When you have an invention in mind, or a product you have already started to develop, your thoughts turn to protecting that idea. You want to be able to make money from your invention, and you don’t want other people to unfairly profit from it. One way to safeguard your idea is to take out a patent. But patents can be difficult to obtain and expensive to file. Should you patent your invention? These are they key issues you need to consider before you decide whether patent filing is right for you.
1. You Need a Business Plan
It is not usually financially viable to take out a patent on a product or idea that doesn’t have any way of making money. You need to put together a business plan that will show how much money you can expect to make, otherwise it may be too expensive to take out and keep a patent on your invention. You will also need to know that you have the funds available to fight any challenge to your patent in the courts – a patent does not automatically protect your idea.
2. Not All Patents are Valuable
Some patents are extremely valuable, according to patent specialists Sach-Associates.com. But not all patents are for ideas or products like the light bulb, or scientific patents in the pharmaceutical industry. You need to make sure that the potential for profit is greater than the amount of money and time you will spend getting the patent.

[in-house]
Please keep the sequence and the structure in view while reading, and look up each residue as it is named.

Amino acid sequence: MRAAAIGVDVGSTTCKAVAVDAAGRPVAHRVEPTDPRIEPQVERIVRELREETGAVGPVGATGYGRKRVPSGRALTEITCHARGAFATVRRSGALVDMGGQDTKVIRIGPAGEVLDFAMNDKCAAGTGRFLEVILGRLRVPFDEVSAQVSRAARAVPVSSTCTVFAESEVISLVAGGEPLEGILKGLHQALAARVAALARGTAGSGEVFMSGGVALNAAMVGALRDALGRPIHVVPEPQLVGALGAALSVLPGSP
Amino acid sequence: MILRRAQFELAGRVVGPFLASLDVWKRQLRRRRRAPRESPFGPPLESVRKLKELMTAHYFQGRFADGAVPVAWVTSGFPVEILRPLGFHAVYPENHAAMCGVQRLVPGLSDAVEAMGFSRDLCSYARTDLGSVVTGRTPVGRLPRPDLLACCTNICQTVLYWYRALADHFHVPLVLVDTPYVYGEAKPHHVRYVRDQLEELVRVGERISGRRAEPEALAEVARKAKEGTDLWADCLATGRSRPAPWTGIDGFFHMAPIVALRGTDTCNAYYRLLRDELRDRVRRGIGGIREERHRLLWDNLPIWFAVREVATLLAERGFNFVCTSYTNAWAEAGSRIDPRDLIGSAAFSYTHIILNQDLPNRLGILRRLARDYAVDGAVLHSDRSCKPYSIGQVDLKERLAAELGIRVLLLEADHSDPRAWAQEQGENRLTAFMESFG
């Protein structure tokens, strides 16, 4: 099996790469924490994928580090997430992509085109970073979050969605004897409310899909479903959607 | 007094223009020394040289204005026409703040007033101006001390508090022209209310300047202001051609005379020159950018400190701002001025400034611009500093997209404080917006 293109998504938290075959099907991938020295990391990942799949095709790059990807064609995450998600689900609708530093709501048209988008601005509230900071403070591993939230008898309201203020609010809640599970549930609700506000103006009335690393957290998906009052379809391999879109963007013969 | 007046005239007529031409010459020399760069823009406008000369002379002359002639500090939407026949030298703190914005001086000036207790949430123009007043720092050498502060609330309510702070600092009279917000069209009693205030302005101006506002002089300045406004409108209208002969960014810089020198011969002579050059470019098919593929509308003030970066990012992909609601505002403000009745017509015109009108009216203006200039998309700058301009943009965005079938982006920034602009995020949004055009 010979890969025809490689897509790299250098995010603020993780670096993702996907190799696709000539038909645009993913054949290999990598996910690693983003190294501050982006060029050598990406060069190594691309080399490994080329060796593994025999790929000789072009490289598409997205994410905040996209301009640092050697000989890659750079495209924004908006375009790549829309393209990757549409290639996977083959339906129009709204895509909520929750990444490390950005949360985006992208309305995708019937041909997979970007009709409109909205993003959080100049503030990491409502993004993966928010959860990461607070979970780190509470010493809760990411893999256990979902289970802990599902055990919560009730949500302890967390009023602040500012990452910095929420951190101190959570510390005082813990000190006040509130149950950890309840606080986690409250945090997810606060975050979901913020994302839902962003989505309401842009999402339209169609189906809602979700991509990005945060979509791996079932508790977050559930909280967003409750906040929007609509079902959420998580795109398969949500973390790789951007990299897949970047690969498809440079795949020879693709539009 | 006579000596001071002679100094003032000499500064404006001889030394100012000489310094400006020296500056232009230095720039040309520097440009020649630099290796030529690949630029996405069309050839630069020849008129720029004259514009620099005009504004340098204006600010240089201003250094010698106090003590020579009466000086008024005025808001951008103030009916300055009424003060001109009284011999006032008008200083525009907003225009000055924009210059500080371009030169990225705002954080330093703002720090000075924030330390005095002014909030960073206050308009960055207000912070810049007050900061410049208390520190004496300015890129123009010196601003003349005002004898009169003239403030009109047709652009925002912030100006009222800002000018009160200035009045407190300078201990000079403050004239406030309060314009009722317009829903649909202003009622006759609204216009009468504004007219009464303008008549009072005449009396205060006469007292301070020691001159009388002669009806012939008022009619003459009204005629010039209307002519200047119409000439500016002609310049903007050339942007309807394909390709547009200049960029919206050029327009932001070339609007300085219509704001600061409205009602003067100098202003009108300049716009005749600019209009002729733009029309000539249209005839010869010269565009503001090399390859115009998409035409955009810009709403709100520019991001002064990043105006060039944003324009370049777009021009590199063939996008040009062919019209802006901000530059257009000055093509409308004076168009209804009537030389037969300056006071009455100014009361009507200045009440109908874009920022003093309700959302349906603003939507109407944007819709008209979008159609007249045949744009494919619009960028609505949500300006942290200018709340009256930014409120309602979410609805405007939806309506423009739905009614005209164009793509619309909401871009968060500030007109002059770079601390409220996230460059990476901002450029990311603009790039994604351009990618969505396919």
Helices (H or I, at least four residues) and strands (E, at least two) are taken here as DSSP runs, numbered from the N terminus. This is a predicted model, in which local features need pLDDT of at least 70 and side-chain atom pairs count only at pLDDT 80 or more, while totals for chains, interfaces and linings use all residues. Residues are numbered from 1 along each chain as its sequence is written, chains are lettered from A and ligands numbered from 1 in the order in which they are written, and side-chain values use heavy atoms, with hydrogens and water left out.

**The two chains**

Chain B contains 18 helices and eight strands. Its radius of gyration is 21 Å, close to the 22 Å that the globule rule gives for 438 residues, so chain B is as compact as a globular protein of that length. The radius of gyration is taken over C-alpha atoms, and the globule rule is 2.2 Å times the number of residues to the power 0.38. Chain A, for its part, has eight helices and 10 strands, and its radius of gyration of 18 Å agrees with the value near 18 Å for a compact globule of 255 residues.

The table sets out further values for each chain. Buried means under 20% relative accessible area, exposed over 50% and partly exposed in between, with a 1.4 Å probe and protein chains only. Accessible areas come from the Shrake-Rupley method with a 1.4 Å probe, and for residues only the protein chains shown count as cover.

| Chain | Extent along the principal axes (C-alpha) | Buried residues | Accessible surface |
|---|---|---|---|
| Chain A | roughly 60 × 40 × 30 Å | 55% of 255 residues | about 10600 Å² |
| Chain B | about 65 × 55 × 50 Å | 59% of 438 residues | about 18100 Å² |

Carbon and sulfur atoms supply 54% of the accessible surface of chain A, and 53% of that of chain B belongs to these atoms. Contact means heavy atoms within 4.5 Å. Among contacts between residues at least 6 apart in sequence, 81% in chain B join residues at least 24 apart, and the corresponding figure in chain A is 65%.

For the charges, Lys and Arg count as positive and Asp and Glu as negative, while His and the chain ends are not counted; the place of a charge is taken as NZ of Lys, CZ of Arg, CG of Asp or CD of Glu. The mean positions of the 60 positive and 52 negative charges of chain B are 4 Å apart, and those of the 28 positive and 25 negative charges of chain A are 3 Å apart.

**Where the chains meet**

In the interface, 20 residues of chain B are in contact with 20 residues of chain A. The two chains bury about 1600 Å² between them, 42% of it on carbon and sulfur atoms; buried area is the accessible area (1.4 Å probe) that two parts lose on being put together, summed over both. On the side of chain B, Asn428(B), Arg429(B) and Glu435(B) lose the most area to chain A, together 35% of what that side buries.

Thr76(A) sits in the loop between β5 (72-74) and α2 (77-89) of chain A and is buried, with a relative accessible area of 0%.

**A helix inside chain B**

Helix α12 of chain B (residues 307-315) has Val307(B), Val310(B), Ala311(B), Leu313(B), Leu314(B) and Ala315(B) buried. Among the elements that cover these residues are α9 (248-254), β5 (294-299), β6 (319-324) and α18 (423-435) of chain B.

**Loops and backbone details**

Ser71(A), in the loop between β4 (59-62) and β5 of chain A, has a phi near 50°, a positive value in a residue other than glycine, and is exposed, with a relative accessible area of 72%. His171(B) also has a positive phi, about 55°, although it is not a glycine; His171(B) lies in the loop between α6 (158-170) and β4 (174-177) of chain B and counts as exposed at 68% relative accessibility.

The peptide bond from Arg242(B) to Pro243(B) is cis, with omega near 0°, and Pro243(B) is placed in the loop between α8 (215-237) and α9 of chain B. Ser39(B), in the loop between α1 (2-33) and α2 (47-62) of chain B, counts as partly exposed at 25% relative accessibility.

3. Your Invention must be New
Make preliminary checks to define whether your product is truly new. Don’t waste your time applying for a patent on an idea that already exists and is patented. You can search patent inventories of have a patent attorney do this for you.
4. A Patent Professional is Invaluable
You will have a much better chance of securing a patent when you work with an experienced patent attorney or consultant. The application can be difficult and it is not a given that you will obtain a patent even when your invention is new and innovative. You can usually access a free consultation session with an attorney before you decide whether it is viable to continue with a patent application.
5. Other Ways to Protect an Invention
It can be a long process before a patent application is finalised and there are other options for protection including developing a registered trade mark, or a registered design. You can also work with trade secrets and confidentiality agreements.
Image: Image courtesy of Stuart Miles/ FreeDigitalPhotos.net